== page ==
that the decision was without a rational basis or the result of ". . . unconsidered, willful and
choice of conduct."
Finally the District argues that the safety issue raised by the Grievant and her
irrelevant and not before the Arbitrator as safety is not one of the criteria in the collective
agreement that the District must consider. The District points out that it has taken steps to
Grievant's safety at North through its policy on non-discrimination/ sexual
facilities. (Assn. 4)
The District submits that the only issue before the Arbitrator is whether the District's
application of Article V, Section I, Subsection 11, paragraph c was arbitrary. If the
District did not
arbitrarily apply the contractual provisions on involuntary transfer, the District argues that
must be upheld. The District concludes by stating that there are program-related, rational
for the District's decision and therefore that decision should not be overturned. The District
violate the labor agreement and the grievance should be denied.
The grievance in this matter presents a straightforward contract interpretation case
the interpretation of Article V, Section I and Subsection 11, a through g. The key sections
must consider for this decision are paragraphs c and f. Unfortunately, the parties do not
agree on the
interpretation of paragraph c and in particular, the role of seniority. 1/ The District argues
it justified its position to transfer the Grievant under the programmatic need criteria it did not
to consider Grievant's seniority. The Association argues that seniority must be considered,
all four factors under c must be considered in an involuntary transfer situation.
1/ 11. Involuntary
. . .
c. In considering teachers for
involuntary transfer, the principal shall consider the following criteria in the
order they are listed: (1) certification, (2) programmatic need, (3) district
seniority, and (4) building seniority.
. . .
f. Decisions felt to be arbitrary by the
affected party may be appealed through the grievance procedure.
It might be tempting for me to discuss at length contract ambiguity in this case. I
based on the positions of the parties and my own interpretation, that the contract language in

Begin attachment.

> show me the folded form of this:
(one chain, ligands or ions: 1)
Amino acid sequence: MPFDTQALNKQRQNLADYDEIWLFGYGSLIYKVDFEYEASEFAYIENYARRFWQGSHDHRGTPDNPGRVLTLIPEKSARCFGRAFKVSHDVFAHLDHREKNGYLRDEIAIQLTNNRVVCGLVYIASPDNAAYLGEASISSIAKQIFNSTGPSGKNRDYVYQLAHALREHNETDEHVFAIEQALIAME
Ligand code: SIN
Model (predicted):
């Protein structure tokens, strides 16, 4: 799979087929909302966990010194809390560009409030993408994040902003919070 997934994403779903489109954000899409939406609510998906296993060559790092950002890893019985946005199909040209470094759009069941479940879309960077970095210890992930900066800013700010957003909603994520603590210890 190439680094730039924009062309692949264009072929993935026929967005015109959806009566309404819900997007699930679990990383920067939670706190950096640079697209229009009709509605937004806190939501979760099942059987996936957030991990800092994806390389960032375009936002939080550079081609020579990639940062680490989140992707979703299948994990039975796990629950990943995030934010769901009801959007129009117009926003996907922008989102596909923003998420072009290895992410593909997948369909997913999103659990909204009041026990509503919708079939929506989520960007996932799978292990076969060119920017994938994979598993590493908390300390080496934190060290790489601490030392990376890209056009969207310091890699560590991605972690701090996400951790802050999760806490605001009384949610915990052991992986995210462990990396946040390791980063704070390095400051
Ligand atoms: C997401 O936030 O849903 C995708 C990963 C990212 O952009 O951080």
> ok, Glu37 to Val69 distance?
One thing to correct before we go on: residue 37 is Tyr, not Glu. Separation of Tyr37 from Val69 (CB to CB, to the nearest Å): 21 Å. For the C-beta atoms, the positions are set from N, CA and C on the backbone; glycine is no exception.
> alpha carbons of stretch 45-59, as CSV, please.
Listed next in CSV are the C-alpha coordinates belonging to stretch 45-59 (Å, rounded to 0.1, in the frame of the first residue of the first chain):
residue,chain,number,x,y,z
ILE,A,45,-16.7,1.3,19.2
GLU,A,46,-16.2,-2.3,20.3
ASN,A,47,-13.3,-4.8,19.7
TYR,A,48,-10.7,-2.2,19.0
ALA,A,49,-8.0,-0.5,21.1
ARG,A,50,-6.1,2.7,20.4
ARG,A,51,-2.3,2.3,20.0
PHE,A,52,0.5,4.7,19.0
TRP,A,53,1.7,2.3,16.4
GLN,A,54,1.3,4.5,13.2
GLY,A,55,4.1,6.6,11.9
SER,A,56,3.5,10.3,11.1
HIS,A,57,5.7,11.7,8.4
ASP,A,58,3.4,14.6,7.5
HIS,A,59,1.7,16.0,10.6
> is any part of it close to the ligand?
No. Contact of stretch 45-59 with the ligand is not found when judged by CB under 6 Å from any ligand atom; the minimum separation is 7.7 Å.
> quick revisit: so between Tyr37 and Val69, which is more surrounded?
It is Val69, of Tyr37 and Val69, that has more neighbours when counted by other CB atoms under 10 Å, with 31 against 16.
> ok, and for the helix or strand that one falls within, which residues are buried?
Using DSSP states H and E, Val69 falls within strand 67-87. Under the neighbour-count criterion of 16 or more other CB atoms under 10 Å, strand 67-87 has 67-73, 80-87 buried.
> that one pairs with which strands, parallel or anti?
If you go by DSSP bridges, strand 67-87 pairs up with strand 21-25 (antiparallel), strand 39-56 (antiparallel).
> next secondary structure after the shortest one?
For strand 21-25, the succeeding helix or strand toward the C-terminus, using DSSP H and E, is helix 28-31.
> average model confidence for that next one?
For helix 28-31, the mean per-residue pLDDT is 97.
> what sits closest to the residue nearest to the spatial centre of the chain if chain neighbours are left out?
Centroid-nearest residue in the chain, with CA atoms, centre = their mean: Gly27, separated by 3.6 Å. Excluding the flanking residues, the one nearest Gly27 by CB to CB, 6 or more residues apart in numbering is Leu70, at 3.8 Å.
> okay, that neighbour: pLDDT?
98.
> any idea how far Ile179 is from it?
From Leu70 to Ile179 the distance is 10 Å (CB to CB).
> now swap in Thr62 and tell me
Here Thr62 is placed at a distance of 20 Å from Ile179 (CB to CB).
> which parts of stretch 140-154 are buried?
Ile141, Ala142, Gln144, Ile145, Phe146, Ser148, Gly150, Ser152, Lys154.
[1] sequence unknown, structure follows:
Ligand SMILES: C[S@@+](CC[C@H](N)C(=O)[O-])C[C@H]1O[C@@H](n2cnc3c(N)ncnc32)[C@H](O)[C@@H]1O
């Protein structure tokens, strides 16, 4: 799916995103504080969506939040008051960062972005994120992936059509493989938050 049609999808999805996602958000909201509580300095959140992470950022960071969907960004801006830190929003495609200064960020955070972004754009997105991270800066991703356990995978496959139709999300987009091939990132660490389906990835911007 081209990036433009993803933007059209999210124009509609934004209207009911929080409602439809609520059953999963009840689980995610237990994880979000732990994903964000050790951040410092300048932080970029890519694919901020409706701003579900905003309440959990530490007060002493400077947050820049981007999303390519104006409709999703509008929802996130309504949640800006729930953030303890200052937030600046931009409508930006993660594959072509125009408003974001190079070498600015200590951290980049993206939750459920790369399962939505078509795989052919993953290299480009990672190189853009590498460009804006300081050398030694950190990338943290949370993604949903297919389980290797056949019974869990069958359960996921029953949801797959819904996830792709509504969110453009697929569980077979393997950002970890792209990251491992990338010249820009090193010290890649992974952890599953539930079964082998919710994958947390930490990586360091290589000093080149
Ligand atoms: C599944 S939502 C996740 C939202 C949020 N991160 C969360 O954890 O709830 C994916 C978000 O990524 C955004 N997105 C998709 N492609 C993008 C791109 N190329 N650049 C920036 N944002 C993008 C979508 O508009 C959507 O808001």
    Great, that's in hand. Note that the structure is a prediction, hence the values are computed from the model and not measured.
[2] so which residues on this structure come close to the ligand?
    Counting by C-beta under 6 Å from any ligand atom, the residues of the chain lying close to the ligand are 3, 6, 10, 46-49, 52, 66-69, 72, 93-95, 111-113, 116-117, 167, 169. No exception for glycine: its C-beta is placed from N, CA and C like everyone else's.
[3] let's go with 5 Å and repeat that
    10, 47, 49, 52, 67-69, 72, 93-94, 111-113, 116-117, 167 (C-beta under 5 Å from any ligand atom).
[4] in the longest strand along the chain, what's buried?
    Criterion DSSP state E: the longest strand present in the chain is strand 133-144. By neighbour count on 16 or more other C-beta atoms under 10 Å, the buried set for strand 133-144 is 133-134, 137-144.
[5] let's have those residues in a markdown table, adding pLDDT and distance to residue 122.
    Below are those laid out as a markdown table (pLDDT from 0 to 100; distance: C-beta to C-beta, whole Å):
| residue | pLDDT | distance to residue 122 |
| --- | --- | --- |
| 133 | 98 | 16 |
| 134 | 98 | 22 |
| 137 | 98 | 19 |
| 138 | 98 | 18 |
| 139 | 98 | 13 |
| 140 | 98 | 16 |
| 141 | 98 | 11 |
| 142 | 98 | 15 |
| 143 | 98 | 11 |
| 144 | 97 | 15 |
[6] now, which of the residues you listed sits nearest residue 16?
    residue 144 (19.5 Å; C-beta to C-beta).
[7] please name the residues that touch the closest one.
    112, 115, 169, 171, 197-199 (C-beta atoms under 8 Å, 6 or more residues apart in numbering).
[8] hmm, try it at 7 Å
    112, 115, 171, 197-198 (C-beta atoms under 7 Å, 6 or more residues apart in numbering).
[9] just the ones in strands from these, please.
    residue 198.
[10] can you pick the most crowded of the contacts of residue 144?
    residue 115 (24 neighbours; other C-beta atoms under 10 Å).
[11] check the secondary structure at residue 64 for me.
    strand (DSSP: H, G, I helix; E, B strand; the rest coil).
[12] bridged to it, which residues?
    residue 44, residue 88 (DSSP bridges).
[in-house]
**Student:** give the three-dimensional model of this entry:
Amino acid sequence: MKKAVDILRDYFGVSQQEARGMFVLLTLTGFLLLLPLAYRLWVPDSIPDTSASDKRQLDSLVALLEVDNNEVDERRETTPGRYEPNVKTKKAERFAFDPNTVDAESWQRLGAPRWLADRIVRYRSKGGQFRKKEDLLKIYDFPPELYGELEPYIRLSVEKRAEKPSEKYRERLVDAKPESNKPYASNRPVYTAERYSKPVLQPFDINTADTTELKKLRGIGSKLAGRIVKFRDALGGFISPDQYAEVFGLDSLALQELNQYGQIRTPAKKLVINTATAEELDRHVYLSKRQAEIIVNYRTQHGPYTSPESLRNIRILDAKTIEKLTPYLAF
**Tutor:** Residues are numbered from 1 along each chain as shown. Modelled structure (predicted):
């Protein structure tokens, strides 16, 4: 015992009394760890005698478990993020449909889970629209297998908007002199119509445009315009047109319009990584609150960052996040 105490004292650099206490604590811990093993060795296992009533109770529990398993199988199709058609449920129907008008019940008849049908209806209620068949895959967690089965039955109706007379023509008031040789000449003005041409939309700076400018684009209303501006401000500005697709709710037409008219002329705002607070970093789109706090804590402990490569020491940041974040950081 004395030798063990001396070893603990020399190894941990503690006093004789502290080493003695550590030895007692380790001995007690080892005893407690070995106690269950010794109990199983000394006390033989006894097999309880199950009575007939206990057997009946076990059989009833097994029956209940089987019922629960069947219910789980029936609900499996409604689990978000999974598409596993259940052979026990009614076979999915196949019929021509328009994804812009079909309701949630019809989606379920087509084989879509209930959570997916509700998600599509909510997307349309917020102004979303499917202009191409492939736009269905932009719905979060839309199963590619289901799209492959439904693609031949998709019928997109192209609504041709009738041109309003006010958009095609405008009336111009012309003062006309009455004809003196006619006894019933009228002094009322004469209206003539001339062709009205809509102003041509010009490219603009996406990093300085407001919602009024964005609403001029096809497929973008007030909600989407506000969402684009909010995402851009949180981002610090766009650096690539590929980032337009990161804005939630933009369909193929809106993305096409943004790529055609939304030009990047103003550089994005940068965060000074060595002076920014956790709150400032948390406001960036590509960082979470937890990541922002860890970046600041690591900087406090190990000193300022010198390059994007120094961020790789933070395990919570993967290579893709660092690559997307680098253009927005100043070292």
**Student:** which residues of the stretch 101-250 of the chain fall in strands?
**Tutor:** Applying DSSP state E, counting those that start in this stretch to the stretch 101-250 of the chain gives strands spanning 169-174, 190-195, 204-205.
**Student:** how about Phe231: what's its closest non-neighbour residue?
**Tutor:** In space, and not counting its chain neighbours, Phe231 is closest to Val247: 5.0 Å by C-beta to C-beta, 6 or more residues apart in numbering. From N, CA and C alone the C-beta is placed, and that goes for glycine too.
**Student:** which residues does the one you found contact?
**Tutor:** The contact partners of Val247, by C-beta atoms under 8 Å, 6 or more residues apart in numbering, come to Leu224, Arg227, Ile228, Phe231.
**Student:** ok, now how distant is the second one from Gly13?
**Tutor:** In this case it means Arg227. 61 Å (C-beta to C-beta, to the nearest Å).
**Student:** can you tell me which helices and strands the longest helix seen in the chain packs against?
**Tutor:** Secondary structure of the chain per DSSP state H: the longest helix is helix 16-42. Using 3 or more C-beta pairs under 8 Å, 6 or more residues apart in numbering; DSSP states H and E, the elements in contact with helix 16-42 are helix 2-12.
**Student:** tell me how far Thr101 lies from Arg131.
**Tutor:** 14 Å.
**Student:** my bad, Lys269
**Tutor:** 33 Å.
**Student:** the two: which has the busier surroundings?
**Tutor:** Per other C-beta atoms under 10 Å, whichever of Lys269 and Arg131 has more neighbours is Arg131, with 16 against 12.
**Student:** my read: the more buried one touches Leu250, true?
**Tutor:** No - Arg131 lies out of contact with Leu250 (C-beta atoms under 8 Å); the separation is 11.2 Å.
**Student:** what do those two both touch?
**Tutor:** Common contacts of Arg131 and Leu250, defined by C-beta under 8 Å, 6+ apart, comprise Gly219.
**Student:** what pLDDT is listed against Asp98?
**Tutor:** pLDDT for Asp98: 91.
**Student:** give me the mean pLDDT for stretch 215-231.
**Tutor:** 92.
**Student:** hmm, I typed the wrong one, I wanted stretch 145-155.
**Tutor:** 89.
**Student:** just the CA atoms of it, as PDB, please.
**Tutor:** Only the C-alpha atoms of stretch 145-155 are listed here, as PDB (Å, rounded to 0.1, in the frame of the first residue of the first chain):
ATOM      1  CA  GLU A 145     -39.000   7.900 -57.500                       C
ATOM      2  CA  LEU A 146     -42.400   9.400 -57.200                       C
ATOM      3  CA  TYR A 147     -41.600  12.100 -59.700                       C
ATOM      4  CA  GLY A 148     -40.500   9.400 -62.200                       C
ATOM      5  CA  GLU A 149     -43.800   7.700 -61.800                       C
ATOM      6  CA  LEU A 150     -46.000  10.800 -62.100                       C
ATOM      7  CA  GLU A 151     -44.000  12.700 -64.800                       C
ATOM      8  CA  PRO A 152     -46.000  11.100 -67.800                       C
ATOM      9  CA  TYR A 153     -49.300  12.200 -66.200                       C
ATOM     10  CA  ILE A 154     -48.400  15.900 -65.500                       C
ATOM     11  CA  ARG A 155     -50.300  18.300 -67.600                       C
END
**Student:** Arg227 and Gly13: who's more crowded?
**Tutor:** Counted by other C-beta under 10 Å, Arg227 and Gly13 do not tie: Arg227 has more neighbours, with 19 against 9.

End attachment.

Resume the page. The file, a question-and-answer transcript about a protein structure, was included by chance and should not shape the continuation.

paragraph 11.c. is susceptible to more than one meaning, but I decline to do so. I will
decision in this case assuming that seniority should be considered without making a decision
is the correct interpretation of paragraph 11.c. While the Association offered testimony and
(Assn. 1, 2 & 3) regarding the bargaining history behind Subsection 11, this evidence
conclusive as to the role of seniority. The District did not offer any evidence of
and neither party offered evidence of past
practice. 2/ Therefore, I believe it is best left to the parties to agree to the
2/ Arbitral authority is rooted in the parties'
agreement. First and foremost, this agreement is the written
contract executed by them. To the extent the contract is unclear, the most persuasive guides
to the resolution of
ambiguity are past practice and bargaining history. Each derives its persuasive force from
manifested by the conduct of the parties whose intent is the source and the goal of the
Green Bay Board of Education, Case 185 No. 53595 MA-9395 McLaughlin
The critical factor for me to address is
whether the decision by the District to involuntarily
transfer the Grievant was arbitrary. 3/ I do not decide whether I would have transferred the
Grievant; I only decide was that decision, based on the record, arbitrary. To answer that
I do need to consider the facts surrounding the District's decision.
Memorial Principal Leibham presented creditable testimony as
to the reasons why
Grievant was transferred. Those reasons are amply summarized in Joint Exhibit 4. In
Leibham testified as to the need to maintain the cohesiveness of the after-school programs
by the three less senior teachers at Memorial which integrate these students into the
and the world of work. Grievant did not contradict Leibham's testimony that she has not, by
own choice, taken part in these programs for several years, even though she has in the past
is capable of doing so. Grievant was considered by the District to be the best qualified of
CDB teachers at Memorial to start the program at North because of her overall understanding
of how the CDB program works and to set up the program at North based on the Memorial
model. At the start of the program at North High School, Grievant would not have to set up
school programs with the vocational technical school, the Department of Health and Family
Services and other outside agencies with which she was not as familiar as the other three
teachers at Memorial.
3/ 11. Involuntary
. . .
f. Decisions felt to be arbitrary by the
affected party may be appealed through the grievance procedure.
Based on the testimony and exhibits in the record, I find that the
District did establish a
programmatic need for the involuntary transfer of Grievant to North High School; the
now to be answered was that decision arbitrary assuming arguendo that seniority
should be taken
To find an action as being arbitrary is a justifiably high standard
to meet. Essentially for the
Association to prevail in this matter, I must find that the actions of the District were
without reason, or as the Wisconsin Supreme Court has described it, action by the District
is ". . . either so unreasonable as to be without a rational basis . . ." 4/ While the Grievant
have been the senior employe, I do not on this record and facts find the District's decision to
4/ Arbitrary has been defined by the
Wisconsin Supreme Court as follows:
"Arbitrary action is the
result of an unconditional, willful and irrational choice of conduct and not the result
of the 'winnowing' and 'sifting' process." Olson v. Rothwell 28 Wis.2d 233, 239
"An arbitrary or